Heriot-Watt University Football Club has reached the highest level of British university football for the first time since the club was founded 78 years ago in 1945.
After beating Leeds Beckett University 3-1 in a play-off, the club will be promoted next season to the Premier division of the British Universities & Colleges Sport (BUCS) Football League.
BUCS is the UK’s national governing body for university sport and its Football League has more than 450 men’s and women’s teams competing in 100 leagues.
I feel a mixture of euphoria, happiness and delight for the team, the club and the University.
The historic promotion means Heriot-Watt University Football Club will represent the university in the British university football league for the first time and play against other major university teams.
Dan Potter, Sports Union President at Heriot-Watt University, said: “This is a fantastic achievement and it means Heriot-Watt University Football Club will now be playing against the best and biggest university clubs in the UK – like the universities of Nottingham, Newcastle and Durham.
“We want to be able to achieve and compete at the highest level and it shows the success of our students’ dedication and commitment to sport.”
Bejay Koya, Head Coach of Heriot-Watt University Football Club, said: “I feel a mixture of euphoria, happiness and delight for the team, the club and the University. It’s an important achievement because it elevates our status in university sports. It’s also very positive for our Sports Scholarship Programme, because it should help us attract a higher level of athletes to the University, and a higher level of sports performance as a result.”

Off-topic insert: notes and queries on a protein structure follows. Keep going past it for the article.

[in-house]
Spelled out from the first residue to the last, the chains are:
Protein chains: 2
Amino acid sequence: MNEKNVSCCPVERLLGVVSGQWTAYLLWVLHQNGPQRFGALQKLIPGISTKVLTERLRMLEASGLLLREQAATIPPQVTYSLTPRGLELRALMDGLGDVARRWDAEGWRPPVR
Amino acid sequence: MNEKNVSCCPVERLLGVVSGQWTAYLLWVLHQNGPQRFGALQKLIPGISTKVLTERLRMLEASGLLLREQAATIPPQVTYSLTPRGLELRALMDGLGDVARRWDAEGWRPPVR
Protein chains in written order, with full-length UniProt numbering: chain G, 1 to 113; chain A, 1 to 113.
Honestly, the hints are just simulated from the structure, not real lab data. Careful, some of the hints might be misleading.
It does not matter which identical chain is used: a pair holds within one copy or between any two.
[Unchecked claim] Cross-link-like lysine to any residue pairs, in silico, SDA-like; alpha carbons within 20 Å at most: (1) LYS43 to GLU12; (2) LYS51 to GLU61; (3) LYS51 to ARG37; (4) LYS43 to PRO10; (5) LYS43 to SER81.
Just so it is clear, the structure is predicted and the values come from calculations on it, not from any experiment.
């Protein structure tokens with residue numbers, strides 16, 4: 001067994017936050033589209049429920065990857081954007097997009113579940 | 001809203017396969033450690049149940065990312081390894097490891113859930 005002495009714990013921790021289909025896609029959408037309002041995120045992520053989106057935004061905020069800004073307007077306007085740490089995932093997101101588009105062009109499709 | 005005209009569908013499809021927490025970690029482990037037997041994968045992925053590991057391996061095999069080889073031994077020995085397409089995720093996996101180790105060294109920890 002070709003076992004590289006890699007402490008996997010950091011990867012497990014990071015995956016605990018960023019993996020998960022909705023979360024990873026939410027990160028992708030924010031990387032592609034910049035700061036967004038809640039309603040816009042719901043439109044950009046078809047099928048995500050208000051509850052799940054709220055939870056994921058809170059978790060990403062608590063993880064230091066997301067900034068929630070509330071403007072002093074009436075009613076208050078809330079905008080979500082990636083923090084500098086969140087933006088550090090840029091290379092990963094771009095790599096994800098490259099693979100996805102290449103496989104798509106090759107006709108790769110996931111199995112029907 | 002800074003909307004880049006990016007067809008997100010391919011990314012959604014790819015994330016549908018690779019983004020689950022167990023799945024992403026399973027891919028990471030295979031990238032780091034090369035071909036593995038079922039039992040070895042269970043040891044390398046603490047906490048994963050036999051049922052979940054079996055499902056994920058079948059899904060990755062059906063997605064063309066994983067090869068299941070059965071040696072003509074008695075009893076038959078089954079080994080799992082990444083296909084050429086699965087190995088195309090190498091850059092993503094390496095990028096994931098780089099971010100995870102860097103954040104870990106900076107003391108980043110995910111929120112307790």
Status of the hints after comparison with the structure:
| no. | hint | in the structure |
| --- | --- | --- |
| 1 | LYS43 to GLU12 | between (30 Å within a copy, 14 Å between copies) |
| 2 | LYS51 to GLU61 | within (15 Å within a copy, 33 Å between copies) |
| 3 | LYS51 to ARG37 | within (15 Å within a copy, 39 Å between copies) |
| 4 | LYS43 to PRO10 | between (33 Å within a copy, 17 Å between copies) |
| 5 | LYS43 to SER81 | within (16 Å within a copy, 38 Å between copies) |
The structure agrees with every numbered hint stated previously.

This year is the first year Heriot-Watt University Football Club has had Sport Scholarship students in its first team. These are students and high performing athletes who get a scholarship based on their sporting ability. It means they are treated like professional athletes and get a lot of extra support in terms of nutrition, strength and conditioning, recovery and using the facilities and sports scientist team at Oriam. This is Scotland's national performance centre for sport, which is based at Heriot-Watt's Riccarton campus in Edinburgh.
The Leeds win for the club on 26 April followed a 2-1 away win against favourites Birmingham University on 5 April in a three team play-off.
Craig Smith, Captain of Heriot-Watt University Football Club, said he was “absolutely over the moon” and added: “It’s something we’ve been working towards for three, four, five years and last night was finally the culmination. To be in the top division of university football is a great feeling.”
Club Vice Captain Ethan Kerr added: “We couldn’t have done it without a single one of the team who were there, whether they were playing, or on the bench, or watching – it needed every single one of us to achieve this.”
Ethan said jumping to the British league was a “massive leap,” but there was “incredible ability” in some of the young players coming through. This would help Heriot-Watt University Football Club continue to perform as some of the older players graduated.
Ethan is a fourth year quantity surveying student at Heriot-Watt and Craig is studying investment management.
Dan Potter said promotion for Heriot-Watt University Football Club shows it is possible for students to play sport and achieve academically. “You can play sport and study as well and still achieve high performance,” he said.
Heriot-Watt University Football Club has six men’s teams, one women’s team and more than 150 members. The first team has 22 players in its squad. Th club is the largest club affiliated to the University’s Sports Union and participates in both student competition and local football. The club was founded around 1945 as Heriot-Watt College Football Club and first played in the East of Scotland Football League in 1971-2.
University sport officially began in the UK when universities created the forerunner to BUCS in 1919.